Spring film series includes sing-a-long
A musical where the audience sings along with the stars is one of the surprises in store for those attending the Jefferson County Film Center's spring movie series.
All the films are shown at the library's Rodriquez Annex on Fridays, except for the "Oklahoma!" fund-raiser and "Saturday Night Fever," which will be shown on Saturdays. The suggested donation for admission is $4 for adults, $2 for teens, or $10 for families of three or more.
Due to film studio contracts, the names of the movies can only be printed in the newspaper once, so clip and save the following list, or view the library's Web site for movie titles at www.jcld.org.
April 4, The Magnificent Seven
Shown Friday at 7 p.m. The beleaguered denizens of a Mexican village, weary of attacks by banditos, hire seven gunslingers to repel the invaders once and for all. The gunmen are cool and capable, with most of the actors playing them just on the cusp of '60s stardom, including: Steve McQueen, James Coburn, Charles Bronson, and Robert Vaughn. This movie is an American remake of the Japanese film, "Seven Samurai."
April 18, Seven Samurai
(Tentative, otherwise another foreign film will be shown) Set for Friday at 7 p.m.
Akira Kurosawa's classic 1954 is hailed as one of the greatest masterpieces in the history of motion pictures. Seven Samurai has inspired countless films modeled after its basic premise (including The Magnificent Seven).
The story is set in the 1600s, when the residents of a small Japanese village are seeking protection against repeated attacks by a band of marauding thieves. Offering mere handfuls of rice as payment, they hire seven unemployed "ronin" (masterless samurai), including a boastful swordsman (Toshiro Mifune) who is actually a farmer's son desperately seeking glory and acceptance. The climactic battle with the raiding thieves remains one of the most breathtaking sequences ever filmed. It's poetry in hyperactive motion and one of Kurosawa's crowning cinematic achievements.
April 26, Oklahoma! and Barbecue
Wear your Western garb and feast on a barbecue dinner, while singing along with the music of the movie Oklahoma! The event will be from 6 to 10 p.m., Saturday, April 26, at the Rodriguez Annex. Tickets are $25 per person and can be ordered by calling 475-3351.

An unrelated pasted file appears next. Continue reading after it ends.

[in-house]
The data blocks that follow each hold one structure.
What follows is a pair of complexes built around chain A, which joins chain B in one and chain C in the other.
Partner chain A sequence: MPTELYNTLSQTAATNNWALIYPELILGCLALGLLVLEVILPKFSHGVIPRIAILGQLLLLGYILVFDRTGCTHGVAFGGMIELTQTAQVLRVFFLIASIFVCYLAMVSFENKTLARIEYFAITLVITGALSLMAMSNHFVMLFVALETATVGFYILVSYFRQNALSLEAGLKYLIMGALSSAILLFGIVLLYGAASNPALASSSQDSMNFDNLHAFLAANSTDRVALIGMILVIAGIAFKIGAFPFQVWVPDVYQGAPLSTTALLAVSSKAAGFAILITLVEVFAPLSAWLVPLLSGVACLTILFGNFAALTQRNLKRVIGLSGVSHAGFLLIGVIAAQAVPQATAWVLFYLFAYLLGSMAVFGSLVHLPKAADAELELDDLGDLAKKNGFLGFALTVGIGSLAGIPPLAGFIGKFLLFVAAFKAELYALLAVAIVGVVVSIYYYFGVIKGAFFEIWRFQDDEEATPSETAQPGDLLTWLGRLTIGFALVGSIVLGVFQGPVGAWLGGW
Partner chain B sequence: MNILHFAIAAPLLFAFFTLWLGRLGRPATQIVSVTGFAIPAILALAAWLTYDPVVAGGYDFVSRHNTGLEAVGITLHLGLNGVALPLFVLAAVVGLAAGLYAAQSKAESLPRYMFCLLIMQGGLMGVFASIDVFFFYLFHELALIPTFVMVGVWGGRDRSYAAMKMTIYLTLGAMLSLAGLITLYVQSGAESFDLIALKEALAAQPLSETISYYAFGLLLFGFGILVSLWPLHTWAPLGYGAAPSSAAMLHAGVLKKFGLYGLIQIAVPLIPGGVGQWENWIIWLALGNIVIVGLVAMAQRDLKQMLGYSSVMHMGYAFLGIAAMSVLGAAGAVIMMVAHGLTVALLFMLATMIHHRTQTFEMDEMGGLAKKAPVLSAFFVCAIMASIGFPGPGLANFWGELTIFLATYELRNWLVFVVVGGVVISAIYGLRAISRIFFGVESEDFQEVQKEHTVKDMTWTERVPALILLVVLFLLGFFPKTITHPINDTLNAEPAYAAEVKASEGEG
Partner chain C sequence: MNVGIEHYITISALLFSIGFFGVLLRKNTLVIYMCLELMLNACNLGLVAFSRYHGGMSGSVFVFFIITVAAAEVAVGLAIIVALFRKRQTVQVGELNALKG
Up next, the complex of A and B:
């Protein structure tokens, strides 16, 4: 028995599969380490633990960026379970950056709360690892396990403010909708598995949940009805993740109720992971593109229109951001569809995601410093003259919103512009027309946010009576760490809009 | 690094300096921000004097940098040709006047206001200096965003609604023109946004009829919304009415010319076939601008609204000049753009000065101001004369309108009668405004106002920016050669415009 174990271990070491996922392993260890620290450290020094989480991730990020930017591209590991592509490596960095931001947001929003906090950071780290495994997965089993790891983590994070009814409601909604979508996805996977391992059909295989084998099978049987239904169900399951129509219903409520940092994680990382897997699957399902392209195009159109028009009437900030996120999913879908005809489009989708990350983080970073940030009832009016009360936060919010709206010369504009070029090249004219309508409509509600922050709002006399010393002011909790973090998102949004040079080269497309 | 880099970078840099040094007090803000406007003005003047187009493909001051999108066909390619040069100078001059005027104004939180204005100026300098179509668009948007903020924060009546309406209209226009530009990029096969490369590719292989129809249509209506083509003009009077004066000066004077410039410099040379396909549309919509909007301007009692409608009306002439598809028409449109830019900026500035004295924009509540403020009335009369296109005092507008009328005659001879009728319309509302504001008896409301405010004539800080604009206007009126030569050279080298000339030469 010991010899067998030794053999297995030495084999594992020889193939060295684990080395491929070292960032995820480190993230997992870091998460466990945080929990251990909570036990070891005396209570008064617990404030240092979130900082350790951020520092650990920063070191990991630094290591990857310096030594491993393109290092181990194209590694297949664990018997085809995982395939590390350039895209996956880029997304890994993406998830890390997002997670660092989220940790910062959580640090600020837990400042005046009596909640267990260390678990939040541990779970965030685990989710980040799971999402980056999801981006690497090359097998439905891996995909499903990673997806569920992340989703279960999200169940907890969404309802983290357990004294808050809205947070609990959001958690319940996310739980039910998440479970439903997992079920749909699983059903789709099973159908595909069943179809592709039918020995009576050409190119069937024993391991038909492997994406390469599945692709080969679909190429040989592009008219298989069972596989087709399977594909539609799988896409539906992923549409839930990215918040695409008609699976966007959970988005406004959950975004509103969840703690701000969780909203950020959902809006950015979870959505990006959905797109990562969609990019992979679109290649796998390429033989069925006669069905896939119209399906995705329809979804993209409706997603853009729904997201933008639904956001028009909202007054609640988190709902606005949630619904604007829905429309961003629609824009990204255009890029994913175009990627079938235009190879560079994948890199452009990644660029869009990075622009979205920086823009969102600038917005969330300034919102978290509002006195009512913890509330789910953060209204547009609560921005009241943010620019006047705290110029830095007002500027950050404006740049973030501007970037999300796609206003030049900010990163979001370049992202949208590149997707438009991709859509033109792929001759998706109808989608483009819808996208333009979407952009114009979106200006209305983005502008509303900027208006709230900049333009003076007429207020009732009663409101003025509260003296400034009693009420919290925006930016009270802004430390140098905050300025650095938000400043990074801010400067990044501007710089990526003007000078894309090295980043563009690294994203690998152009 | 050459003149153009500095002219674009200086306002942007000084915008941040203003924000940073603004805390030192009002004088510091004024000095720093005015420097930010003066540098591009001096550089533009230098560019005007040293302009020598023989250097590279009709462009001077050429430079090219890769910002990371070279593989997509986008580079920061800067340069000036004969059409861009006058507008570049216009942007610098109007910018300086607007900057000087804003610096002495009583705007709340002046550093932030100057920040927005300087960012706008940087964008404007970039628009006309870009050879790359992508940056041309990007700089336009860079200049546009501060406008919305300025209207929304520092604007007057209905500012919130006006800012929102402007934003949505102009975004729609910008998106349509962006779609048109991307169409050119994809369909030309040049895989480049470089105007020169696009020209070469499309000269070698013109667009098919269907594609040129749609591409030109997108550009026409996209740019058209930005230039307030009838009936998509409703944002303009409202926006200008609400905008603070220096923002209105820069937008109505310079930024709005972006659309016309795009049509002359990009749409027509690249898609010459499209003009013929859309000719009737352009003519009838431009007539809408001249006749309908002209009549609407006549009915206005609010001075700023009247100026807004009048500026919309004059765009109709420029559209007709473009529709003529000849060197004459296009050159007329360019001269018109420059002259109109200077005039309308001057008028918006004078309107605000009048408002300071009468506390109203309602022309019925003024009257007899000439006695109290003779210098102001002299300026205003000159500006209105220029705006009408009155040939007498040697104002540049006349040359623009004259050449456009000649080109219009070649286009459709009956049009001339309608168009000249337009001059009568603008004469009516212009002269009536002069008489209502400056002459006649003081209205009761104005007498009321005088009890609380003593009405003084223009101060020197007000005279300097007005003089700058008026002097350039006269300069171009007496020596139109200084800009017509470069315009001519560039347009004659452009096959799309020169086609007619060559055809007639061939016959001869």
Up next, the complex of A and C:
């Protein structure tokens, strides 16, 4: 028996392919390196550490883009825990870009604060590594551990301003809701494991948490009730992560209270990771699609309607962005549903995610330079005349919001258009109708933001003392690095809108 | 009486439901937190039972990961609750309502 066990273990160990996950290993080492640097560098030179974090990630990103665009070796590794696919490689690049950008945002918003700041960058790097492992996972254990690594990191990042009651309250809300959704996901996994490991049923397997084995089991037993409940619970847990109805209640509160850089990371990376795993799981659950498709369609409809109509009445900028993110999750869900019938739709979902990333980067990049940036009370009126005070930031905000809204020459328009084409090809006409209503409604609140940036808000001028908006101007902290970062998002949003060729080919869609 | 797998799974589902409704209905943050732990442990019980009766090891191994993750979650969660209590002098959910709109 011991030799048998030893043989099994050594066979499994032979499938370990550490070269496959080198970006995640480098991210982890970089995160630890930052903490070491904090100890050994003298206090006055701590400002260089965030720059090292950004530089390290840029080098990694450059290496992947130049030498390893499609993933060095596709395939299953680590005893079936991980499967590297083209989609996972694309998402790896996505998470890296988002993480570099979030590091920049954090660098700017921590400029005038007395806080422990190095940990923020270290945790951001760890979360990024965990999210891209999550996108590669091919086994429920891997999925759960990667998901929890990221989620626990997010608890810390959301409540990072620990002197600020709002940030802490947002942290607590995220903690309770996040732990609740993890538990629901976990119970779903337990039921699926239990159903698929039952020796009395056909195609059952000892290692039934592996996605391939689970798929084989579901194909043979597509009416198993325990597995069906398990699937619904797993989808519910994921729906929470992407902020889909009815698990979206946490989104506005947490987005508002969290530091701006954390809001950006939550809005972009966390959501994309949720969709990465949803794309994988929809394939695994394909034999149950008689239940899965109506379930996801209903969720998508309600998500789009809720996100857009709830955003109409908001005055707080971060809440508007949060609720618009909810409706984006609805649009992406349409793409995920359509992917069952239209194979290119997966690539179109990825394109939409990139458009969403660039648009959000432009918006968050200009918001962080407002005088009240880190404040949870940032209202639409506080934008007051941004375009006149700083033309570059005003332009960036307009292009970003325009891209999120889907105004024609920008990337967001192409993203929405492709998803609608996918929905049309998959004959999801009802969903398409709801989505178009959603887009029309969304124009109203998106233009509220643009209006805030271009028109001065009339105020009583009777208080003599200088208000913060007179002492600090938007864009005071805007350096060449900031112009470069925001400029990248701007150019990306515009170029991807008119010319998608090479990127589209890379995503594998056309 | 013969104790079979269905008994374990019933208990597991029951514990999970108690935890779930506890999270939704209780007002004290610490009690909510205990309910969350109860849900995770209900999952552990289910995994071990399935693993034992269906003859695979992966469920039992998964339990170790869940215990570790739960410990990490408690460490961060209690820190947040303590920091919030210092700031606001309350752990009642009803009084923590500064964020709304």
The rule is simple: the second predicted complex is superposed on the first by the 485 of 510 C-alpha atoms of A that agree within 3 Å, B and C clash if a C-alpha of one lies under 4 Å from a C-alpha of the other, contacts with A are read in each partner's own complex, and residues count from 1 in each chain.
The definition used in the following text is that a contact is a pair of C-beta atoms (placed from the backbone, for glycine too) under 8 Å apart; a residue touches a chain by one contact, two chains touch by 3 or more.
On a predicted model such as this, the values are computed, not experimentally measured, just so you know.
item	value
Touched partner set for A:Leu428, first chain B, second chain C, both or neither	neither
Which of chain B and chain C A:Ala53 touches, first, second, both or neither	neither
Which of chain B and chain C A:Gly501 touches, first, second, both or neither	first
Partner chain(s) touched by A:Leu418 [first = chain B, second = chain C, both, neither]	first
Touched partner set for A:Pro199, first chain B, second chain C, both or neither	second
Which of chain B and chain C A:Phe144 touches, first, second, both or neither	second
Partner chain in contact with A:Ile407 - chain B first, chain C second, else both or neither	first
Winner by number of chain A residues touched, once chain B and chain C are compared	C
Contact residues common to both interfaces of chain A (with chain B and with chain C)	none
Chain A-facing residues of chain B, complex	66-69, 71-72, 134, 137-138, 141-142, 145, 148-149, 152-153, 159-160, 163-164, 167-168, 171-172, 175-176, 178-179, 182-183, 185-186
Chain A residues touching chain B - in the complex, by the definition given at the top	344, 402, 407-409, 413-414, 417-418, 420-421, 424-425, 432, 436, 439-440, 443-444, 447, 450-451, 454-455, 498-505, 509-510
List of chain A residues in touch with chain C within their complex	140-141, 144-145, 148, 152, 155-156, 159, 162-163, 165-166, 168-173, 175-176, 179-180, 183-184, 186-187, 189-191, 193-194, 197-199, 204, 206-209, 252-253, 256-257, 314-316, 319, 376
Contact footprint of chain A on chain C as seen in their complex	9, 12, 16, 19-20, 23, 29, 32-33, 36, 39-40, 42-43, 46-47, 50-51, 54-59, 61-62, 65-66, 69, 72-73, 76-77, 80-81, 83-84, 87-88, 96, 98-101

May 2, Harvey
On Friday, senior citizens can attend the 1:30 p.m. matinee for free, with second showing at 7 p.m.
This American classic stars James Stewart as Elwood P. Dowd, a wealthy alcoholic whose sunny disposition and drunken antics are tolerated by most of the citizens of his community. That is, until Elwood begins to claim that he has a friend named Harvey who is an invisible six-foot tall rabbit.
May 16, Smoke Signals
Shown Friday, 7 p.m., in conjunction with the Collage of Culture weekend. The screen play for this contemporary Native American film was written by Coeur d'Alene tribal member Sherman Alexie, and based on his book "The Lone Ranger and Tonto Fistfight in Heaven."
Half comedy and half stark reality, the film follows the adventures of two mismatched Indian boys venturing off the reservation on a journey. Victor (Adam Beach), a stoic, handsome teen, with a chip on his shoulder, is traveling to Phoenix to pick up the ashes of his estranged father, who has died. Along the way, he gets stick with a nerdy, friendly chatterbox named Thomas (Evan Adams) as a traveling companion, and the clash between the two creates many comic situations.
The film offers an inside look at reservation life, racism, and the ties that bind these two very different young men.
June 6, The Gods Must Be Crazy
(Tentative, or another foreign film will be shown). Friday, 7 p.m. Released in Botswana in 1981, this is a zany tale of the misadventures of Xi, a tribesman of the Kalahari Desert in Africa, who has never seen outside civilization.
One day, after a pilot tosses a Coca-cola bottle out of his plane, Xi finds it and thinks it must have come form the gods. But after family members begin fighting over it, Xi leaves on a trek to the end of the world to return the bottle, encountering many colorful characters along the way.
June 21, Saturday Night Fever
Saturday, 7 p.m. Dig out your old platform shoes and wear them to the movie that sparked a disco craze across America. Tony (John Travolta) is an uneducated Brooklyn teenager who feels like a nobody, except for the weekends where he gains notoriety as king of the dance floor at the local disco. At the disco he meets Stephanie, who agrees to be his partner in a dance competition. And the rest is history.
Northwest Oregon Conference